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Termination of rights affirmed despite error

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A trial court erred when it failed to follow Indiana Code in a termination of parental rights hearing, the Indiana Court of Appeals ruled today. Because the appellate court found the error to be harmless, it affirmed the involuntary termination of a father's parental rights.

Father Daniel Bailey Sr. appealed the termination of his rights to his twins in the case In the matter of the termination of the parent-child relationship of S.B. and D.B. v. Dubois County Department of Child Services, No. 19A01-0804-JV-161. The Court of Appeals raised sua sponte one issue: whether the trial court violated I.C. Section 34-35-2-8 when after a termination hearing, it failed to terminate Bailey's parental rights or dismiss the Dubois County Department of Child Service's involuntary termination petition. Instead, the trial court postponed its pronouncement of judgment for six months to allow Bailey one final chance to prove he could make the necessary changes to care for his kids. The judge granted Bailey time to comply with a court order requiring treatment, classes, and drug testing, even though DCDCS met its burden of proof to terminate his rights. Bailey violated the order and his rights were terminated.

The appellate court examined I.C. Section 31-35-2-8, which clearly provides that a trial court shall either find the allegations in the petition to be true and terminate the parental relationship or it will find the allegations to not be true and dismiss the petition.

Because the trial court failed to comply with statute, it committed an error, wrote Judge Patricia Riley. Yet the error was harmless, the appellate court ruled and affirmed the trial court ruling.

Remanding the cause to the trial court to hold a new termination hearing would be against the twins' best interest because they have lingered in the system six months longer than they needed to while Bailey failed to follow the court order, the judge wrote.

"The twins need and deserve stability and permanency now. The current system has already been criticized for putting children in limbo too long, thereby fostering instability and unhinged relationships," she wrote. "In light of these considerations and the trial court's clear determination that the DCDCS satisfied its burden of proof on November 5, 2007 and again on February 26, 2008, we affirm the trial court's termination of Father's parental rights to the twins."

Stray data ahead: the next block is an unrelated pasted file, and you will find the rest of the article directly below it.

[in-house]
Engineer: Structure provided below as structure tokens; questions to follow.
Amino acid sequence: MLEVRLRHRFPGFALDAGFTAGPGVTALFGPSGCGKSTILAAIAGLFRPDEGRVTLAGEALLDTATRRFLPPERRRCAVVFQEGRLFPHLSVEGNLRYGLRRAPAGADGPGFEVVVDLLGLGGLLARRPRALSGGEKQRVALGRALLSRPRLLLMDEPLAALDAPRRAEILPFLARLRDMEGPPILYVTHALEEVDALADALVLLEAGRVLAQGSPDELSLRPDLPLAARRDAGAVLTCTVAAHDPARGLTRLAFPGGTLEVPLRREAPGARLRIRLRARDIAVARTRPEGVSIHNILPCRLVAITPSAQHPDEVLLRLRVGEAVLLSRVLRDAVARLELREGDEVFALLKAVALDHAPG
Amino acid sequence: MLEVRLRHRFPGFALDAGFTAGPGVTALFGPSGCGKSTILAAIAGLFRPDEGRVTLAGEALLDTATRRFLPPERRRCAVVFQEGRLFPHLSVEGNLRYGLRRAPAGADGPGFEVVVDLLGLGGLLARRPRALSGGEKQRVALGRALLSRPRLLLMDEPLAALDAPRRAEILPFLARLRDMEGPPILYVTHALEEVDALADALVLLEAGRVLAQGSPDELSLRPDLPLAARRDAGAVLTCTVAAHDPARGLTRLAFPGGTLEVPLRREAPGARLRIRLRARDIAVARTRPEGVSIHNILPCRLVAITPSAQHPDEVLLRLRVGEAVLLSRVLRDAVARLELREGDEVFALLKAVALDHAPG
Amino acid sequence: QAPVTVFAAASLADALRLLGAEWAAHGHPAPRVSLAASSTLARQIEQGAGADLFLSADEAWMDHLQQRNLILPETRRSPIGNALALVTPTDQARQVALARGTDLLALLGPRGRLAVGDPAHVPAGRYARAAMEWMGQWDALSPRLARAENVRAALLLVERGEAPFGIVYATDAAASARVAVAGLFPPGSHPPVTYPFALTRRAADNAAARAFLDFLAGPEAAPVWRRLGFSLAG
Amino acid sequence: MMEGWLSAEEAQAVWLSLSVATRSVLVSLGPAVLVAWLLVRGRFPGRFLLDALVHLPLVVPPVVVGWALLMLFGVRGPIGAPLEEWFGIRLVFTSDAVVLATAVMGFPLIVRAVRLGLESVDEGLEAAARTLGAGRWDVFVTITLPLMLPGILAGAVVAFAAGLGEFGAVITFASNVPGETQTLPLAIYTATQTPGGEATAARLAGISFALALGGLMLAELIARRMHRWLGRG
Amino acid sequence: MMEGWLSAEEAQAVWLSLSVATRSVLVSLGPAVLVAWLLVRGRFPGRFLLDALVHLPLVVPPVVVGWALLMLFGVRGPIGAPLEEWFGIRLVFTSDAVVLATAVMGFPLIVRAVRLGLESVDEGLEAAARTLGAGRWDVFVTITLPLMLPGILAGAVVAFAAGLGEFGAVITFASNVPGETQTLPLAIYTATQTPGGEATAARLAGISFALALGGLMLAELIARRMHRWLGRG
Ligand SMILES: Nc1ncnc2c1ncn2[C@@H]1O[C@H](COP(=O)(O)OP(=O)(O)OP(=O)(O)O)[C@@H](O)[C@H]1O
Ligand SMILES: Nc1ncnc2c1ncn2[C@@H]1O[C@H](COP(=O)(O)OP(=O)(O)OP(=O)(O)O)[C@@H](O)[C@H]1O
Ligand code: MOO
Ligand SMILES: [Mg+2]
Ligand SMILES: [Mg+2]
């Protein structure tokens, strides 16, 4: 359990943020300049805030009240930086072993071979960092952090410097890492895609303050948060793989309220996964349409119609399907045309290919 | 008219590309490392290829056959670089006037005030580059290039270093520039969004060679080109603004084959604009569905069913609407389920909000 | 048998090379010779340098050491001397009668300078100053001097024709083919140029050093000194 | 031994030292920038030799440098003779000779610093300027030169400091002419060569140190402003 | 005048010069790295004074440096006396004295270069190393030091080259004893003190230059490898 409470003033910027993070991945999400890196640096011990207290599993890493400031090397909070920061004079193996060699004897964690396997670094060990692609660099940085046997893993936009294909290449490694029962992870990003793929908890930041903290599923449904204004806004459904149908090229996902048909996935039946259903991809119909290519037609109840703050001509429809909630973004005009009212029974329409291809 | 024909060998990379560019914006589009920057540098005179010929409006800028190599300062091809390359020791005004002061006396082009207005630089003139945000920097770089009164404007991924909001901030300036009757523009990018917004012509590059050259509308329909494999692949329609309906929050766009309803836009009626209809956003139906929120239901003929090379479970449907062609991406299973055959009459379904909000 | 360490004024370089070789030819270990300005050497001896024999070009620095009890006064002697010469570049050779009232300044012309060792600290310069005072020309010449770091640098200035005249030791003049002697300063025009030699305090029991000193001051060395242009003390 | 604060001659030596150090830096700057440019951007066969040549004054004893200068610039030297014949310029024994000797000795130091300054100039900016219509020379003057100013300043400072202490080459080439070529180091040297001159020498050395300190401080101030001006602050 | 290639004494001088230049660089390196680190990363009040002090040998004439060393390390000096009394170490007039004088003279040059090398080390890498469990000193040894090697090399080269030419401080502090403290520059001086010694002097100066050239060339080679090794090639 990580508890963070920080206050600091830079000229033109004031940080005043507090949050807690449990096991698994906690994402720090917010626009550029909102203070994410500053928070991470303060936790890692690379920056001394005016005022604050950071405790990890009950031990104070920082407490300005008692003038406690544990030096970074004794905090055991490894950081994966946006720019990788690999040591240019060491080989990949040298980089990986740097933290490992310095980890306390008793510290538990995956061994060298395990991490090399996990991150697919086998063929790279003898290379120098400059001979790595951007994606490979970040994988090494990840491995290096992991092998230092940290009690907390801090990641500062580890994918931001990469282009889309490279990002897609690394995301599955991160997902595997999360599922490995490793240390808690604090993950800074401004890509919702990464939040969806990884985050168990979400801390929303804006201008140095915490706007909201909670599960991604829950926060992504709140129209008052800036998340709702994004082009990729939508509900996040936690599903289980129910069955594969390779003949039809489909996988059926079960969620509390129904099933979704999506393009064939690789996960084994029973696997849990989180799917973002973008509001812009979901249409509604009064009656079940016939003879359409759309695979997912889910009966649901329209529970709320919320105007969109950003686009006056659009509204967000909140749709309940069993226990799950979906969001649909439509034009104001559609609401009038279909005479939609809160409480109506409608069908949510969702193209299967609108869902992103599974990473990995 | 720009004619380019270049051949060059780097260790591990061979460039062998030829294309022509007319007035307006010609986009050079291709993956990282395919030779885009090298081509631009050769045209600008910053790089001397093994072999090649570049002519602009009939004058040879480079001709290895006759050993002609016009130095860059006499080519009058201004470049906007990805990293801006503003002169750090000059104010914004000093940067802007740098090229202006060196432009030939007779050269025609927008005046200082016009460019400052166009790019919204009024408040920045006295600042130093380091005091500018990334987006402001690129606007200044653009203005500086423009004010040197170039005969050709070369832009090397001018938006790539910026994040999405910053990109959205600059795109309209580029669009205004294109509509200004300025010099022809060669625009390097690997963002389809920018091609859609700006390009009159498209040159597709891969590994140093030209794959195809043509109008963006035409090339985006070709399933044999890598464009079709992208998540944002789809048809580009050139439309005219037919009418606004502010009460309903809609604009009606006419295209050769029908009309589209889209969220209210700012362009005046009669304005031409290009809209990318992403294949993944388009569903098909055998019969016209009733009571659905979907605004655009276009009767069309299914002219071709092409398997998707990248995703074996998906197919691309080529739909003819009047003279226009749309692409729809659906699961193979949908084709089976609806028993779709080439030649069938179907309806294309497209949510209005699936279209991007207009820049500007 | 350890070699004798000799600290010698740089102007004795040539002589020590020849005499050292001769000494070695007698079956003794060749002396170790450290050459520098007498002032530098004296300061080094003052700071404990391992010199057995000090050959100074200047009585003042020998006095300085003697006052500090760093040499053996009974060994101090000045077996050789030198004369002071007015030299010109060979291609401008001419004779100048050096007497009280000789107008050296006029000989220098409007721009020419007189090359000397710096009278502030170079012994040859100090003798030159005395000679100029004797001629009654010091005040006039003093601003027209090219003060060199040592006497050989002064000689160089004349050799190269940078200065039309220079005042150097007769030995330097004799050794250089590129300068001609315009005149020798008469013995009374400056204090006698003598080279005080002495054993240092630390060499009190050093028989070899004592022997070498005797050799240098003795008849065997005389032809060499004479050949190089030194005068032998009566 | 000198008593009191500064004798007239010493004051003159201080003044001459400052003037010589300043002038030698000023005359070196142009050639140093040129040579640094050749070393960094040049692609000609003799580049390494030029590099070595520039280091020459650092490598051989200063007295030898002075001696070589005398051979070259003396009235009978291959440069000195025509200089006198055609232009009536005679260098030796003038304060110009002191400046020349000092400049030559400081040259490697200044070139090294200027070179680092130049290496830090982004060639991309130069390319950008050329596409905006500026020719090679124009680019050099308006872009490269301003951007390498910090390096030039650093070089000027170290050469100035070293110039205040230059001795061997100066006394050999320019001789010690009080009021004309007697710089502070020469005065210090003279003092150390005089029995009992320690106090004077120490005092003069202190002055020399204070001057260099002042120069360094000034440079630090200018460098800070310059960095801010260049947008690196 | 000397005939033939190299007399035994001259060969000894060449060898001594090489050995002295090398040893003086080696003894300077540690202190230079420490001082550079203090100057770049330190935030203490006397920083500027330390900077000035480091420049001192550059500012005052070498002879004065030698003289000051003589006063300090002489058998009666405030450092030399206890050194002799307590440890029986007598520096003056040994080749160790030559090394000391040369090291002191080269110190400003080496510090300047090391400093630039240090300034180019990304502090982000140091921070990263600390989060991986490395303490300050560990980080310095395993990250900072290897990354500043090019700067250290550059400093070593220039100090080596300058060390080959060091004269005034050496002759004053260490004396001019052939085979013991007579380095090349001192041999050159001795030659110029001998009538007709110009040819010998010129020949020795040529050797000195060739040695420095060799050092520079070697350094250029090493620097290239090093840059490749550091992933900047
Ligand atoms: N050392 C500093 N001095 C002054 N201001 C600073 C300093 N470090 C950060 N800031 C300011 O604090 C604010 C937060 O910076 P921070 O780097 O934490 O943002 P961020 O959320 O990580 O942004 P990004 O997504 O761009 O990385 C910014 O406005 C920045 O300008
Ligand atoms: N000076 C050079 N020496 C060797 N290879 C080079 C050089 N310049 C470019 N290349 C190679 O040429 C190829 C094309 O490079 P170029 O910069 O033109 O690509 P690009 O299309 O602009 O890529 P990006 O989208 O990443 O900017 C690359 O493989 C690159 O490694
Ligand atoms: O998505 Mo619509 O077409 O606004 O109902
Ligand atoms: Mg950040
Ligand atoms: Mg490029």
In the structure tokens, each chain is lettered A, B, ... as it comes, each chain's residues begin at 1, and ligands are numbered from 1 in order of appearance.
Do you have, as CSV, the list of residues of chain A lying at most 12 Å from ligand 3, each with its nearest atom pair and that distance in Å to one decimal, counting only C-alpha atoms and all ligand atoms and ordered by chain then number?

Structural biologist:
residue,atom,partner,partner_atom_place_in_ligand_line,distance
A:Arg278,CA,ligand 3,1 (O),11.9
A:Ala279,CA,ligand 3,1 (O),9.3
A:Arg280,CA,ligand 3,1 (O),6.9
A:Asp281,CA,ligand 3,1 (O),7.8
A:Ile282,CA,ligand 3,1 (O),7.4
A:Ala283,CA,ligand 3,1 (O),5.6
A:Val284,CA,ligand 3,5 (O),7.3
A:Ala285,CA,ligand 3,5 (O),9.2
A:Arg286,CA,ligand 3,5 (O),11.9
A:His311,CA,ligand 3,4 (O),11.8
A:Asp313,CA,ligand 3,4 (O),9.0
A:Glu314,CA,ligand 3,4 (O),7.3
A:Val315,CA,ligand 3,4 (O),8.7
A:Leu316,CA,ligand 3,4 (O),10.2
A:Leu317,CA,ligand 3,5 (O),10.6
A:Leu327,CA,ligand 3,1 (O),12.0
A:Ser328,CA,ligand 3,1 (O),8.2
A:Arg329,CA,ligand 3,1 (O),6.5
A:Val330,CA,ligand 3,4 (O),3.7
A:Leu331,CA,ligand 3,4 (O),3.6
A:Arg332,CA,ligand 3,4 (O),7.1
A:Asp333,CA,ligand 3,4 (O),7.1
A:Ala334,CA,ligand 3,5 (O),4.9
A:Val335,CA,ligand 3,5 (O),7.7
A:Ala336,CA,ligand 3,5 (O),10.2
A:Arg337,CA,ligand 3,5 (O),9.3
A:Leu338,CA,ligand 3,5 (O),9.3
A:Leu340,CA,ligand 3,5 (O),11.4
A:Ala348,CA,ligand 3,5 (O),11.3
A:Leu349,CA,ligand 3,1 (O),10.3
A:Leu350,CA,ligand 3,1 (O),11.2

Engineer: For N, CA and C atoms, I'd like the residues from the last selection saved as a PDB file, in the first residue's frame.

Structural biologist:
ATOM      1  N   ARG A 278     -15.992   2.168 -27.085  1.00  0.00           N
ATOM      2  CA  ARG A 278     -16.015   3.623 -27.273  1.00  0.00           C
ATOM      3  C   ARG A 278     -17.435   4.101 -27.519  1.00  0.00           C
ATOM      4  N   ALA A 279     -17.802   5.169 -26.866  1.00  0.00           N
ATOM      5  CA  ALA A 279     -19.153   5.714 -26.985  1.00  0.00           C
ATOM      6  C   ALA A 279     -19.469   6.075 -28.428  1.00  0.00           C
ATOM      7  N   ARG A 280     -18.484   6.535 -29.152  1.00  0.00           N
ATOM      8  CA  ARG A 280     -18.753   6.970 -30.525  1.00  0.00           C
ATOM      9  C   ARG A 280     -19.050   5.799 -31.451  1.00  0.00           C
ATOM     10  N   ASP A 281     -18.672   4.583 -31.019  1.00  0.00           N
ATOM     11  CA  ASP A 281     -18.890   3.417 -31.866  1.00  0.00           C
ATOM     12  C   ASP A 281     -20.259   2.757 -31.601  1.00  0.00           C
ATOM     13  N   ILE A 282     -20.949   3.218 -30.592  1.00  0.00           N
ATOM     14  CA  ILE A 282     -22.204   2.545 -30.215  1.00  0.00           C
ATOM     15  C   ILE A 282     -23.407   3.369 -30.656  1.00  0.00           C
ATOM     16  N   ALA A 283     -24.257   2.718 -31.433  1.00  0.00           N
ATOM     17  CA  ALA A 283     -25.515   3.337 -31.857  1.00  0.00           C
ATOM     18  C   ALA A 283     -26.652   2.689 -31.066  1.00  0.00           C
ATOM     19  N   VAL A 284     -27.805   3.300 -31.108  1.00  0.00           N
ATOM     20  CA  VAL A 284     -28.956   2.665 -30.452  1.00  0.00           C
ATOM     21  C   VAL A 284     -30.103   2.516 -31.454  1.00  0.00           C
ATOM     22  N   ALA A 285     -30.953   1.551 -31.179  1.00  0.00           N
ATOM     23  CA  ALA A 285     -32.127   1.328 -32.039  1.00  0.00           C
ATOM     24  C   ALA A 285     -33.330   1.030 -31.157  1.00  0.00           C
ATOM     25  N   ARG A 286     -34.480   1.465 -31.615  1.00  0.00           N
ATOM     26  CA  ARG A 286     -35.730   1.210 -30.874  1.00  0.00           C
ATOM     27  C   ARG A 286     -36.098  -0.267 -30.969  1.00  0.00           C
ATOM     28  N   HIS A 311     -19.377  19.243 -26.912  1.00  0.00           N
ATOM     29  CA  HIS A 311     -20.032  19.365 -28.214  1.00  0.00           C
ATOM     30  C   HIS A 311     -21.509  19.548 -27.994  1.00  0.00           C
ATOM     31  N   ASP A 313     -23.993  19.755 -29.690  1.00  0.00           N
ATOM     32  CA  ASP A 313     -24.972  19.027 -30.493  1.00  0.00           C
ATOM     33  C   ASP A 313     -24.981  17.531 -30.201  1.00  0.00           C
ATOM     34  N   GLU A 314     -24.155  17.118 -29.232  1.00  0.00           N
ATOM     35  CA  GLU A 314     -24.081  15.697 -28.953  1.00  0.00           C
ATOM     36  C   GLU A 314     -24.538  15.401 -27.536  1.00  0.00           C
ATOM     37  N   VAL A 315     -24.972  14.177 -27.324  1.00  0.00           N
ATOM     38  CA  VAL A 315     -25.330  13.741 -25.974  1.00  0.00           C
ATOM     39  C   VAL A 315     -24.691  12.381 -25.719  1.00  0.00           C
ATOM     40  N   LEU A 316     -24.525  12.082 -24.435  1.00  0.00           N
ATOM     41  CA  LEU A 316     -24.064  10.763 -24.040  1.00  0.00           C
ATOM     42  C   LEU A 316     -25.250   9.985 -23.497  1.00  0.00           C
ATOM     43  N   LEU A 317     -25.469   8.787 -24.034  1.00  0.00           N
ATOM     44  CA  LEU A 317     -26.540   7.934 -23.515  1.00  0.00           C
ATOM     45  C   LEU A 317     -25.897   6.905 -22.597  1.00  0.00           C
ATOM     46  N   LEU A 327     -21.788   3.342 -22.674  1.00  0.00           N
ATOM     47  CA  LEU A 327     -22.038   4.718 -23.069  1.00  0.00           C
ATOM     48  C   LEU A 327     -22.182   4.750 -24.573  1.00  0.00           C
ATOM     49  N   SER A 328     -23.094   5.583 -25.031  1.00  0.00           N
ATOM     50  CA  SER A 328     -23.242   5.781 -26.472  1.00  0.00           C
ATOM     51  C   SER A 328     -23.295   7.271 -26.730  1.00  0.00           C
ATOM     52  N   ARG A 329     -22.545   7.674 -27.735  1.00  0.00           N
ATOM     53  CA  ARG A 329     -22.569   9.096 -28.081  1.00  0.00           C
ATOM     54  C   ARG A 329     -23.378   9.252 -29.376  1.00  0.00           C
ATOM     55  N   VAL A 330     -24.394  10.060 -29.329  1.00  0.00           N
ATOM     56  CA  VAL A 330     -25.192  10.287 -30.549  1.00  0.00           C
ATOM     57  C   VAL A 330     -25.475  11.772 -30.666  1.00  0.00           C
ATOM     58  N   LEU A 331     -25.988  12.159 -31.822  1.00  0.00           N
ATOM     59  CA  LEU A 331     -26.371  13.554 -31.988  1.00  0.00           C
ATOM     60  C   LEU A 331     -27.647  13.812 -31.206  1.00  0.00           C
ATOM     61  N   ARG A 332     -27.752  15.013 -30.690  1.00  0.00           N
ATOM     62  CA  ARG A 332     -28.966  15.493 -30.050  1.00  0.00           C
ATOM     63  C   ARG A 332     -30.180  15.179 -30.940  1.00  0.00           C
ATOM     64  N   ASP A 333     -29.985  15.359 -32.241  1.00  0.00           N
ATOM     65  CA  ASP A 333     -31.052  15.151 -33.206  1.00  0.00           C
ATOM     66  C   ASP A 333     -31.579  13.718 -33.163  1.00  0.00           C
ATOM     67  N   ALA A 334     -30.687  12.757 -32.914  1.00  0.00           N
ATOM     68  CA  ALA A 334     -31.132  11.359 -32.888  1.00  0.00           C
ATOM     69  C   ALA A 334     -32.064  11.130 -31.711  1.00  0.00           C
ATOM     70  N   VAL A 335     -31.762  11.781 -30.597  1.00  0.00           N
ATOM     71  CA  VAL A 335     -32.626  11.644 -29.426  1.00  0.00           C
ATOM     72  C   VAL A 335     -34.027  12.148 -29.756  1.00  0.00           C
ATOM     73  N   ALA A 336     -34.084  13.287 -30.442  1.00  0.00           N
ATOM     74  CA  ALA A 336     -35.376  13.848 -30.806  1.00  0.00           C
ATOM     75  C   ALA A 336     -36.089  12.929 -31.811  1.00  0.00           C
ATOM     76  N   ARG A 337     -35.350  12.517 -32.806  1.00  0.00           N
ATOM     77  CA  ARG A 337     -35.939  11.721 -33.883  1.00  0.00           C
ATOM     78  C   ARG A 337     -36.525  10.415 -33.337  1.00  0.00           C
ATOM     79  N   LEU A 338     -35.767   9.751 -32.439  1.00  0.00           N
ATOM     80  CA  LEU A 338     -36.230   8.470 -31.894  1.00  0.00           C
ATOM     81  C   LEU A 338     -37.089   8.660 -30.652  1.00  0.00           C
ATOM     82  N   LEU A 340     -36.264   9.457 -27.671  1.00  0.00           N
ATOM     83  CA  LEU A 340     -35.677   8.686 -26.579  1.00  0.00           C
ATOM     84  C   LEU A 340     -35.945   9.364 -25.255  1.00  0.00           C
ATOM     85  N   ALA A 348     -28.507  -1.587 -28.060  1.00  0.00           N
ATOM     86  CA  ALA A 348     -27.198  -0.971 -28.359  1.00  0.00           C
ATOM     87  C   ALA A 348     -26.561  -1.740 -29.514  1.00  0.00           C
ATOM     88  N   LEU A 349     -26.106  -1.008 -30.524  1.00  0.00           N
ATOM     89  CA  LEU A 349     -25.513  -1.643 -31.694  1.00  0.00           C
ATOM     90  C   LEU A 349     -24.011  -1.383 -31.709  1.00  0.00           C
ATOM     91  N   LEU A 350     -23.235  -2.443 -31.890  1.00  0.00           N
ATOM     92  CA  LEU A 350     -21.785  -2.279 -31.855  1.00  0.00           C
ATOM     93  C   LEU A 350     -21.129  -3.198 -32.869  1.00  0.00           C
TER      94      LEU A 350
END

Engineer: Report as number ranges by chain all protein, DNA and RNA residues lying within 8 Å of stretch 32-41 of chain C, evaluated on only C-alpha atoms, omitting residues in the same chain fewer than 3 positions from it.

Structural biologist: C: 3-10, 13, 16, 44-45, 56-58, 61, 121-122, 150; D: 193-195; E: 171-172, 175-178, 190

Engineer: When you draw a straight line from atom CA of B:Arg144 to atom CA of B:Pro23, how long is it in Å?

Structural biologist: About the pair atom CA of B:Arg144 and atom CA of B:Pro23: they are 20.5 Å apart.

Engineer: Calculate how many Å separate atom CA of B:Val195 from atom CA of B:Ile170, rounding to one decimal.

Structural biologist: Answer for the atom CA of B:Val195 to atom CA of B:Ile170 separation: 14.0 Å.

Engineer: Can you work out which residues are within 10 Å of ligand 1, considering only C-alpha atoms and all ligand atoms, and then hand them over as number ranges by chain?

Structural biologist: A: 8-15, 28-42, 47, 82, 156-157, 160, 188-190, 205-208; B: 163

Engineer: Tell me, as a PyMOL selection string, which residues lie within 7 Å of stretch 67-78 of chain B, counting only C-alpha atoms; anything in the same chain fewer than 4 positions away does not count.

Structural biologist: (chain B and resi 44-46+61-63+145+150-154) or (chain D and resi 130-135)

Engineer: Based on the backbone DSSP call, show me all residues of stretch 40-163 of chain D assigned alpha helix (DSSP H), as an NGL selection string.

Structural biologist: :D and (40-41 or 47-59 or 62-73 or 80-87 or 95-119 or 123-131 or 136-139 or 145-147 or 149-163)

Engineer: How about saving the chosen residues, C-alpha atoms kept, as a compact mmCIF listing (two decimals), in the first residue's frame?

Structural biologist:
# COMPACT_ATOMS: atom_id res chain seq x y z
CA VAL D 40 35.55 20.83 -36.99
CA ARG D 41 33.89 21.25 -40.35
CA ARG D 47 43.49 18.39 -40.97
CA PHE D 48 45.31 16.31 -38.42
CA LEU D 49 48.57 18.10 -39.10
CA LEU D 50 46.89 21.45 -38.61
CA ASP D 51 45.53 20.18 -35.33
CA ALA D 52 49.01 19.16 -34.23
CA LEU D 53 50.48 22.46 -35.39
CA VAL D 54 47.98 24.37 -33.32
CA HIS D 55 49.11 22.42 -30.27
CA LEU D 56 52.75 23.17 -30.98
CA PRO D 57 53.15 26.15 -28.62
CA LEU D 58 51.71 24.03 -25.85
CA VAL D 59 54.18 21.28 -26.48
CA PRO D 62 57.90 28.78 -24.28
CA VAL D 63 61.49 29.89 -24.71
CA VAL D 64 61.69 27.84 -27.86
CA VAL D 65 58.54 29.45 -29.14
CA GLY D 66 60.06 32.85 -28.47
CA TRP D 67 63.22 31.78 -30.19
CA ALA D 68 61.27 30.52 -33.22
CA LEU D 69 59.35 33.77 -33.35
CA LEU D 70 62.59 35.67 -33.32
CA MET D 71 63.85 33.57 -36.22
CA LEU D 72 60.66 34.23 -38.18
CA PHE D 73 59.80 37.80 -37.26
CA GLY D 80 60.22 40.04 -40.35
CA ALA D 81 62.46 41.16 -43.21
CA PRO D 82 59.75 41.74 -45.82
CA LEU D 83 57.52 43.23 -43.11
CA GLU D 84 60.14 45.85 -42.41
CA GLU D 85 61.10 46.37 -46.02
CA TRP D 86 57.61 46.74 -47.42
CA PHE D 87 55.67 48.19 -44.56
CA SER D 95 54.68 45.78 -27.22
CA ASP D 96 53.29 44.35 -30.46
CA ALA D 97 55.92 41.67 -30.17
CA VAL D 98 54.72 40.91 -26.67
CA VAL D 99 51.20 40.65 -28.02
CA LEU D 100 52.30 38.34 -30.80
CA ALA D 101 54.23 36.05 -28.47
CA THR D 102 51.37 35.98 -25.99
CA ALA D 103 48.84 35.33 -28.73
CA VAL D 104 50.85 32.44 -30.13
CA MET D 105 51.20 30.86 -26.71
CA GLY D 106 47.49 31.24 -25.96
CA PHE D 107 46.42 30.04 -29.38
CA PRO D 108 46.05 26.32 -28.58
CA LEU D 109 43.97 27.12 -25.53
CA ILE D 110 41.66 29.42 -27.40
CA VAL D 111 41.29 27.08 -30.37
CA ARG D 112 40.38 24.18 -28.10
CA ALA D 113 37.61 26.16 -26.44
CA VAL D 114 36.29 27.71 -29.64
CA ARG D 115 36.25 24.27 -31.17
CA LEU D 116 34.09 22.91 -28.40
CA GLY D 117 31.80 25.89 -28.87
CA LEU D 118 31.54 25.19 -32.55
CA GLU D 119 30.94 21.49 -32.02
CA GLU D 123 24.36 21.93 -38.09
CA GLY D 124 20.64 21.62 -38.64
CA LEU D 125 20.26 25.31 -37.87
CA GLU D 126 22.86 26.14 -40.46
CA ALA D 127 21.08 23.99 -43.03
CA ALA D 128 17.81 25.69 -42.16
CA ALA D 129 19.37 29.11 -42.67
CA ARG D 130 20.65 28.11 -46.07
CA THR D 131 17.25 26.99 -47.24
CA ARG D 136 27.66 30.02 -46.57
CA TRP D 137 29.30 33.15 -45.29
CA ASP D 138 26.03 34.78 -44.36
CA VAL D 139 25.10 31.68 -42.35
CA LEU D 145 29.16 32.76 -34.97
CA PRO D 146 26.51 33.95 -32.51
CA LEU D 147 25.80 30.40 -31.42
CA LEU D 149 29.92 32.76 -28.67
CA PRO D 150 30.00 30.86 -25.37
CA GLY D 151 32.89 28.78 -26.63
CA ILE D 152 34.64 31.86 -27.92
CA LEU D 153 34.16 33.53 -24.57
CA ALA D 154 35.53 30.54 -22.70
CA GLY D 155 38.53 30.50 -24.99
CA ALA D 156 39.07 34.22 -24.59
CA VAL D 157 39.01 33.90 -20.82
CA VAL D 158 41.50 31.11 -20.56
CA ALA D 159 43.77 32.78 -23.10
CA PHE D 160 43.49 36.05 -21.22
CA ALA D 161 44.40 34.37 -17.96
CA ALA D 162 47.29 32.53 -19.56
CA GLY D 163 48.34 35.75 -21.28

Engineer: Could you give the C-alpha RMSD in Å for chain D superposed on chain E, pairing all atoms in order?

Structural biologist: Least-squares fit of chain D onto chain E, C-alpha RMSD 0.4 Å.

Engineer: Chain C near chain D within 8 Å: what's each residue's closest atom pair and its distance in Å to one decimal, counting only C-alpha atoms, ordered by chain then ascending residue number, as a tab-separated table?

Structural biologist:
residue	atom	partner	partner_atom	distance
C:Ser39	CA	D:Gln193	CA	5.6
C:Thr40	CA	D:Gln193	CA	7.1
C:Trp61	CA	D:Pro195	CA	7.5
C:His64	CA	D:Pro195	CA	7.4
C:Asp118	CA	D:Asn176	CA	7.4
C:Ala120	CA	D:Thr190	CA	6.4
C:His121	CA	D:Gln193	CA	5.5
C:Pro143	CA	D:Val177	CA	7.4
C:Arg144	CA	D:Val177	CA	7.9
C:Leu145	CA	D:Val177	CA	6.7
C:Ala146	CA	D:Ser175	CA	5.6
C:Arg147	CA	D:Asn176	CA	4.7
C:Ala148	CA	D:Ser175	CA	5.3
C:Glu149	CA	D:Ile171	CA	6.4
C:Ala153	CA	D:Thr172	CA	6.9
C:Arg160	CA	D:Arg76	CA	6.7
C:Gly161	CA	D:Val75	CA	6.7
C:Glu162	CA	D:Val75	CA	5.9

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  1. Well, maybe it's because they are unelected, and, they have a tendency to strike down laws by elected officials from all over the country. When you have been taught that "Democracy" is something almost sacred, then, you will have a tendency to frown on such imperious conduct. Lawyers get acculturated in law school into thinking that this is the very essence of high minded government, but to people who are more heavily than King George ever did, they may not like it. Thanks for the information.

  2. I pd for a bankruptcy years ago with Mr Stiles and just this week received a garnishment from my pay! He never filed it even though he told me he would! Don't let this guy practice law ever again!!!

  3. Excellent initiative on the part of the AG. Thankfully someone takes action against predators taking advantage of people who have already been through the wringer. Well done!

  4. Conour will never turn these funds over to his defrauded clients. He tearfully told the court, and his daughters dutifully pledged in interviews, that his first priority is to repay every dime of the money he stole from his clients. Judge Young bought it, much to the chagrin of Conour’s victims. Why would Conour need the $2,262 anyway? Taxpayers are now supporting him, paying for his housing, utilities, food, healthcare, and clothing. If Conour puts the money anywhere but in the restitution fund, he’s proved, once again, what a con artist he continues to be and that he has never had any intention of repaying his clients. Judge Young will be proven wrong... again; Conour has no remorse and the Judge is one of the many conned.

  5. Pass Legislation to require guilty defendants to pay for the costs of lab work, etc as part of court costs...

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